Canada - Expo Philadelphia 1876

Canada at the Exhibition Expo Philadelphia 1876
Canada at the Exhibition Expo Philadelphia 1876
Canada at the Exhibition Expo Philadelphia 1876

Writers on the theory of architecture who aim to go back to the very beginning, say that men learned the art of building by observing the operations of nature. Thus from the cave, supposedly the first home after our parents were driven from Eden, came, it is said, the Egyptian styles which began with cave entrances and extended to buildings above ground, fashioned after the earliest forms. The forest, with its majestic tree trunks, suggested the Greek colonnade; the branches that met above the depths of the woods would have given humanity the idea of the Gothic arch. Anyone willing to follow this fanciful philosophy will find it illustrated in the Canadian Log House, so named.

One can imagine that the magnificent portico of the Parthenon was the perfection of an arrangement of tree trunks like that which forms the exterior of this fabric. All that is necessary is to extend the size of the building, to replace the huge trunks with the natural bark on them which form the colonnade, the stone for the wood and the patient workmanship and carving, and the idea is completely realised.

Few would discover the exercise of aesthetic beauty in a timber yard, or imagine that by piling up rough boards and tasting the arrangement, something like a structure could be made that would attract general attention; and yet the Canadian Log House is little more than a display of timber. The material, except in the portico, is composed of the same type of boards that might be used in any structure or article that is usually made of wood. The boards are stacked as they are, undergoing the process of seasoning, each board being separated from its neighbour by small blocks, between which the air circulation necessary for drying the wood is provided.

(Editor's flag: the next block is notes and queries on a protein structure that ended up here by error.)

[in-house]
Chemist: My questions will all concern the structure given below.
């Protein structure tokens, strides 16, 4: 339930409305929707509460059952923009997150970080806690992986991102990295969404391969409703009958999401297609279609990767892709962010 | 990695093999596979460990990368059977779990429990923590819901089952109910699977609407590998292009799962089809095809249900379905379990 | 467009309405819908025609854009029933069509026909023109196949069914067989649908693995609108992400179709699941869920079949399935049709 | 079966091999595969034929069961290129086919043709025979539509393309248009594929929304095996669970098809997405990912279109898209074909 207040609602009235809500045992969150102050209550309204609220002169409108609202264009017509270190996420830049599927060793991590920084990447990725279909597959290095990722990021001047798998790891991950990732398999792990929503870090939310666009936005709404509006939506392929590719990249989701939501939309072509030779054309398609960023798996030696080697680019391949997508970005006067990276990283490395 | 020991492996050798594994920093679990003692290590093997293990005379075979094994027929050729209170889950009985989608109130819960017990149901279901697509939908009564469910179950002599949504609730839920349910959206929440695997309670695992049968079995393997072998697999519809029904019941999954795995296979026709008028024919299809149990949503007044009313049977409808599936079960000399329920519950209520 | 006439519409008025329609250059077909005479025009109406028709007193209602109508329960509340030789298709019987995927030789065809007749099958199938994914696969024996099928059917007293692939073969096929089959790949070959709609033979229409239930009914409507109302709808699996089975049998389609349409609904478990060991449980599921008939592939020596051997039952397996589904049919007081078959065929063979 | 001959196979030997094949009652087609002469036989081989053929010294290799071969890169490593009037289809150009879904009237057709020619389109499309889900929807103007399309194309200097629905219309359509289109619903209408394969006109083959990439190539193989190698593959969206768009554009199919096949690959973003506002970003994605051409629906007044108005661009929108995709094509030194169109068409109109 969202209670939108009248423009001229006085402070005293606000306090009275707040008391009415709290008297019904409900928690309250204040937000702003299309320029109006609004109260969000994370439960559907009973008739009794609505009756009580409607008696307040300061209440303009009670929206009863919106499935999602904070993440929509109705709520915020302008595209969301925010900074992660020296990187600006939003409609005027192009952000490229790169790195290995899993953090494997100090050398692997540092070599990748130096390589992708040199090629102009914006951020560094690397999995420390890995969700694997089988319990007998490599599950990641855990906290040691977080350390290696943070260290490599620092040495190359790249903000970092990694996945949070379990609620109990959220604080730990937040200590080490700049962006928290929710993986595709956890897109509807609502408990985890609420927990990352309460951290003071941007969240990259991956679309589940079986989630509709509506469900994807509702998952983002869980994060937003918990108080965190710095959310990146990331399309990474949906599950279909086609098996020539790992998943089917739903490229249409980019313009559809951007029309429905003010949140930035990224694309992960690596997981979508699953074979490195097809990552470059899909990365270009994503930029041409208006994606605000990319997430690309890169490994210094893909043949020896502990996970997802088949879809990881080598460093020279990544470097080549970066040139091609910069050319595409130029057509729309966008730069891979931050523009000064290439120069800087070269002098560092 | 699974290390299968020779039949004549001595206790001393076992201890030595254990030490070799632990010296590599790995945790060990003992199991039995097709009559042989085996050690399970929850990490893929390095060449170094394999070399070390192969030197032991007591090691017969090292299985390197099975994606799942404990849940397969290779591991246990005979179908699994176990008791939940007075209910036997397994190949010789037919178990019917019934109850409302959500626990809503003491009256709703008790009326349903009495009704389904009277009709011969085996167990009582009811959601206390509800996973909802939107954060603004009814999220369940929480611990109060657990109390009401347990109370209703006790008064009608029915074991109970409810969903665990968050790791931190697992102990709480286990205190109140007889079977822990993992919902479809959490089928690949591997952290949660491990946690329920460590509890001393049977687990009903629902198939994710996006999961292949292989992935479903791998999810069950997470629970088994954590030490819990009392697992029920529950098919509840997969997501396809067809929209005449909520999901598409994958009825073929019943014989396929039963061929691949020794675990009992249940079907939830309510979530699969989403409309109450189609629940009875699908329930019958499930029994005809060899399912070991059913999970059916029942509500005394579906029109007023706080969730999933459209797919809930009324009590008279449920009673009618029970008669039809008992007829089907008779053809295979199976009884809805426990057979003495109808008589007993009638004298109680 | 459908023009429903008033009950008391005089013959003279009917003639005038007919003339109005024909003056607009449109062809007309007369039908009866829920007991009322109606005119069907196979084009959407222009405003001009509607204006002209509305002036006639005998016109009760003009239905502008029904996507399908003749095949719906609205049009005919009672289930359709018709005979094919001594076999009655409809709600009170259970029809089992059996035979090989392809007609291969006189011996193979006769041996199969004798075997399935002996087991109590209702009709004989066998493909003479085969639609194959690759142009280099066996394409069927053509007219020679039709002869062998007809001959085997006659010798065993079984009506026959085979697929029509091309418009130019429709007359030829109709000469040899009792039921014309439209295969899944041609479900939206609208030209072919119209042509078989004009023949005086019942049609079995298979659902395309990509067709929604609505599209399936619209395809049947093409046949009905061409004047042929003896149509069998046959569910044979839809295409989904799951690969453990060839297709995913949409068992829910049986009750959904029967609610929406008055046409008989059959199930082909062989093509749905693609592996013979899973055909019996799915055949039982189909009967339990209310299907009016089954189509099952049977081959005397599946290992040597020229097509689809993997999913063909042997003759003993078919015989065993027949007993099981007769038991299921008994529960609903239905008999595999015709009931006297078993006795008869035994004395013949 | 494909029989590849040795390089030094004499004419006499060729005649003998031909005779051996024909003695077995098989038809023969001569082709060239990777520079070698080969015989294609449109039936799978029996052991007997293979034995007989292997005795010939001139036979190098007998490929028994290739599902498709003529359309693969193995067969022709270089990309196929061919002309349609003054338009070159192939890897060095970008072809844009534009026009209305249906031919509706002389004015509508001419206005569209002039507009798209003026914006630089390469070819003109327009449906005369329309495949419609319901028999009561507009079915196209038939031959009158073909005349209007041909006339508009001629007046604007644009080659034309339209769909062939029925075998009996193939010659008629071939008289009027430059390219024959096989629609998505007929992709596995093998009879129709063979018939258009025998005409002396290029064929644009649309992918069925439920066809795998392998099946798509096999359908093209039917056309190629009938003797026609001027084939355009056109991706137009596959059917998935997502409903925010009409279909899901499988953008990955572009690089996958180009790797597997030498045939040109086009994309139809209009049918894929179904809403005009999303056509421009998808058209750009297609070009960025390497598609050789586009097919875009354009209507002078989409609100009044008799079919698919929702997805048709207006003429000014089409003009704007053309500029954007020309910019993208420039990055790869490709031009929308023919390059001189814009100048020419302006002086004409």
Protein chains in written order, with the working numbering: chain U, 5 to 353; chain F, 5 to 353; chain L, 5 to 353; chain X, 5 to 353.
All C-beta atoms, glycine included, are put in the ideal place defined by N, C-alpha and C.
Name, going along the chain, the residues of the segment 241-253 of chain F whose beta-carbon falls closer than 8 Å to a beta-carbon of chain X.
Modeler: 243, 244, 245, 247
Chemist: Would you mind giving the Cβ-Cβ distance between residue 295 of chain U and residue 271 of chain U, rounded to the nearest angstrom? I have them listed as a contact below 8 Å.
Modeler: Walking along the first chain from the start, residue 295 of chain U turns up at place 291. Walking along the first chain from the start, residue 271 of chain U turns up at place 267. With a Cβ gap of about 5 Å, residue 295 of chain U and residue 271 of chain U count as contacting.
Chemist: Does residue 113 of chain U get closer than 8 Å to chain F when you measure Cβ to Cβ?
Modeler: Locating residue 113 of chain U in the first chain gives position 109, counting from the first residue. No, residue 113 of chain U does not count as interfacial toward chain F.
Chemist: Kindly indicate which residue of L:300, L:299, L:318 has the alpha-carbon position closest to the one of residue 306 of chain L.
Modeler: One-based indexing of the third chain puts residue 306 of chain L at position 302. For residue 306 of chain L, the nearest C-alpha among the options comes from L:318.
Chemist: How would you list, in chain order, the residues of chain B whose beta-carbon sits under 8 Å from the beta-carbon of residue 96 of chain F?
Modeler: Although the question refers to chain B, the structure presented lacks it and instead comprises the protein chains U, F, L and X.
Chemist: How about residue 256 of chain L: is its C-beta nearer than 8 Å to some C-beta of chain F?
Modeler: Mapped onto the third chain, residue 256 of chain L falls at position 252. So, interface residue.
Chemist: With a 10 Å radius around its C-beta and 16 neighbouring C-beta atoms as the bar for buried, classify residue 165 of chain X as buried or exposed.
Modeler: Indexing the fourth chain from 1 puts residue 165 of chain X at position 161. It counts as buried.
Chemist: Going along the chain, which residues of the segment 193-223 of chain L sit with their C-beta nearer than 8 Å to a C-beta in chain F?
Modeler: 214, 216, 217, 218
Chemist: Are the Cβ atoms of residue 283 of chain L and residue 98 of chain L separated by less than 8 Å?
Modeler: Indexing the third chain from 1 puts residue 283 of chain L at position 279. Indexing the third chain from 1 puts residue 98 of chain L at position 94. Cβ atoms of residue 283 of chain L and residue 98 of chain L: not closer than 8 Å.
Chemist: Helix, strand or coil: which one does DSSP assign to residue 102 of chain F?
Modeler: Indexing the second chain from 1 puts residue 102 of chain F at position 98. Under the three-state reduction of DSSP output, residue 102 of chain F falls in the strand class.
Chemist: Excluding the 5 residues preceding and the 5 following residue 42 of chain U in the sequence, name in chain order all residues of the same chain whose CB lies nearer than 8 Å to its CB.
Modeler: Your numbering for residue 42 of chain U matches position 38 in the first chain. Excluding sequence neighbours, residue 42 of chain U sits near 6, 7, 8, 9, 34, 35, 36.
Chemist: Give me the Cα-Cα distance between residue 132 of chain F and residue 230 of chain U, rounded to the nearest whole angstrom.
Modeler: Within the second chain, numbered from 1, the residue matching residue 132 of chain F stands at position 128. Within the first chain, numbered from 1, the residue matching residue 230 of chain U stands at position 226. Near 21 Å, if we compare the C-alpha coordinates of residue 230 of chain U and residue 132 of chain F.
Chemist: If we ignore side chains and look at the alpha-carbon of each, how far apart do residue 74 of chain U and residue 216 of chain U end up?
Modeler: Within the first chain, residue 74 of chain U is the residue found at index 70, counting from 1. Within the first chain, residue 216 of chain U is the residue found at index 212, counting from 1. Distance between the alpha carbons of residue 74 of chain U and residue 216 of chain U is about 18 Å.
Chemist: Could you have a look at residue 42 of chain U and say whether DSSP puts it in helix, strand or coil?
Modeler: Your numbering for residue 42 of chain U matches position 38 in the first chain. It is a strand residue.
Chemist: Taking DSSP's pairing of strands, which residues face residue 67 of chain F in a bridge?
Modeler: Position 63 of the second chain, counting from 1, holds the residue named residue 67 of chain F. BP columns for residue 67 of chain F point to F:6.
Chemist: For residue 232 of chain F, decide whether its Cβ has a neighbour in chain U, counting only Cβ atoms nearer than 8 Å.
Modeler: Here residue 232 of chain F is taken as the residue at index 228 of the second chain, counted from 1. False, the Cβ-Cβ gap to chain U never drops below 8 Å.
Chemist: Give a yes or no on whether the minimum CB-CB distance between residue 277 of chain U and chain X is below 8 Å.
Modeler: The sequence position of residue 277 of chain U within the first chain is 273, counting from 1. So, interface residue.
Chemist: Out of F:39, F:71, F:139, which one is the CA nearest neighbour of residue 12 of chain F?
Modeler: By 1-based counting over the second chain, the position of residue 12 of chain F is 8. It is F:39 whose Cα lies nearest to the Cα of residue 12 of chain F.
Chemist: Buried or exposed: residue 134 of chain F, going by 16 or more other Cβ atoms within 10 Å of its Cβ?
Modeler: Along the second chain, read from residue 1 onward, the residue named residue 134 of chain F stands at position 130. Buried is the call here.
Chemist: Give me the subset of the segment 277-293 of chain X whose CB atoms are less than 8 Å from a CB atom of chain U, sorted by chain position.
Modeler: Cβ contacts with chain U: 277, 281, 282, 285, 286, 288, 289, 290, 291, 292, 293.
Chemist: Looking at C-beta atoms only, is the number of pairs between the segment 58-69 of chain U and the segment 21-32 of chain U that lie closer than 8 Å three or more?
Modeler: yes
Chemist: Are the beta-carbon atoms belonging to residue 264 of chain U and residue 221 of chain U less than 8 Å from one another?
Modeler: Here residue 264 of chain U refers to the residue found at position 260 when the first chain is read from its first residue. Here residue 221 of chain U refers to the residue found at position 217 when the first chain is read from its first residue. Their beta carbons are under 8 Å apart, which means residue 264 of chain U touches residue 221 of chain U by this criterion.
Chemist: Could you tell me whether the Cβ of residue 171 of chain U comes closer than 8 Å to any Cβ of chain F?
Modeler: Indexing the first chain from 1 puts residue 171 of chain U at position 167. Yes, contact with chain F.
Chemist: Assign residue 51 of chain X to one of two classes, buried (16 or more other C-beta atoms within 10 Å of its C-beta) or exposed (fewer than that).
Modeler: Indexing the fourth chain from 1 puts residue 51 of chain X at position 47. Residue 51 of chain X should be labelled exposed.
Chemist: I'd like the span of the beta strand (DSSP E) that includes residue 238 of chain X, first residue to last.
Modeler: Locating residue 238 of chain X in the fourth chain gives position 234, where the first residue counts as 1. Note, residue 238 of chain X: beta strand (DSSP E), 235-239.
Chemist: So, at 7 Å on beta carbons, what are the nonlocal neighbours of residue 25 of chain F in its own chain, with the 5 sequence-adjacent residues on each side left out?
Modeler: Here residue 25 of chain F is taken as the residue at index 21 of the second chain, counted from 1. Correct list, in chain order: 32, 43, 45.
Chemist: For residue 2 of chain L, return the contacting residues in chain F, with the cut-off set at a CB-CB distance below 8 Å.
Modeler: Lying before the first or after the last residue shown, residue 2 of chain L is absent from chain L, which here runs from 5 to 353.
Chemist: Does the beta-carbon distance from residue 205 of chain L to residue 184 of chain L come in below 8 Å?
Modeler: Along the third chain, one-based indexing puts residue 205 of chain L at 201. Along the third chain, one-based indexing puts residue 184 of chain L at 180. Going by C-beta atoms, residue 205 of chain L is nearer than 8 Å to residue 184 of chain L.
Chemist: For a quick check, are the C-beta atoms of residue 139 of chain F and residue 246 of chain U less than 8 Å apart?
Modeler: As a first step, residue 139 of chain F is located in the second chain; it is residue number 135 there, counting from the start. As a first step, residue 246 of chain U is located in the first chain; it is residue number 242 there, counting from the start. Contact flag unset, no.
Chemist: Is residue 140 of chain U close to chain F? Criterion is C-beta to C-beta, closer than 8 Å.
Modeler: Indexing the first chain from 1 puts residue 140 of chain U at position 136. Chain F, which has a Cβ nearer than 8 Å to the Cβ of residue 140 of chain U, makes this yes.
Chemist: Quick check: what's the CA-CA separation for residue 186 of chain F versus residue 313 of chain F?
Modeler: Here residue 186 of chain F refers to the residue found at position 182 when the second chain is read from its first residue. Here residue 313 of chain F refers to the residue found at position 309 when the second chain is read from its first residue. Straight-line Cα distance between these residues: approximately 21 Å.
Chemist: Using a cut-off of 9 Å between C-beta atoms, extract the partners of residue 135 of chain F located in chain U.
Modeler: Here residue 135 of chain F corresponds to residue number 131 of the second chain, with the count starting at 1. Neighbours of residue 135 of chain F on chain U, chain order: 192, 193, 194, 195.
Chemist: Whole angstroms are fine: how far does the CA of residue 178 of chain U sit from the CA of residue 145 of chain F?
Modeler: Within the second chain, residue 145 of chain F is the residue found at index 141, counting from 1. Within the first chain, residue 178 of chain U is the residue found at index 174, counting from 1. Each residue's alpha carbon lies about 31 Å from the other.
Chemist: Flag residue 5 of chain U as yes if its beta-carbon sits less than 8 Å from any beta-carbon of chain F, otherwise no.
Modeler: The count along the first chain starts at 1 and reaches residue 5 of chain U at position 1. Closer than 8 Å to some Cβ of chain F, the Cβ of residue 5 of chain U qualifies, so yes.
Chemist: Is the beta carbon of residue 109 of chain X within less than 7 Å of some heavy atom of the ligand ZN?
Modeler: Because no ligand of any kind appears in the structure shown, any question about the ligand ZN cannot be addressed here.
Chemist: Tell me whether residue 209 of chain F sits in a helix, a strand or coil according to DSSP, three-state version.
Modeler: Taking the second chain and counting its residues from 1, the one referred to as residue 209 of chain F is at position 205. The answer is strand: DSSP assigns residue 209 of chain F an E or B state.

It is the way in which the wood is arranged that makes this simple pile of planks a unique and attractive structure for the viewer. Six pillars, which are the trunks of huge trees, are on the east and west sides, and to the north and south two more pillars of the same character make with the corner columns a portico of four. These fine specimens of the Canadian forest are not decorated with capitals, but between them extends a slight lattice, which relieves the eye and draws attention to the unfinished character of the upper part of the column.

The pillars support a roof of rough planks laid one on top of the other, in the centre of which rises, by means of an arrangement of planks stacked on planks, a dome in the Gothic style, topped by a flagpole displaying a flag.

Inside, two finished ash columns help support the roof. Loose planks stacked to open a doorway on the side also form a staircase to the dome.

The building's main trophy is a section of white pine cut from a 38-foot log taken from a 303-foot tall tree. The inscription indicates that the tree was 664 years old when it was felled. This is, of course, a matter of guesswork by counting the rings in the wood. In any case, the tree must be very old, as the trunk diameter is at least 8 feet.

Various specimens of Canadian timber are arranged in other parts of this rough temple, showing the abundance of the Dominion's forest wealth and facilitating the solution of the building problem. The size of the house is about 60x40 feet, and it is situated to the south-east of the British buildings and almost adjacent to them.

©Centennial portfolio: a souvenir of the international exhibition at Philadelphia - 1876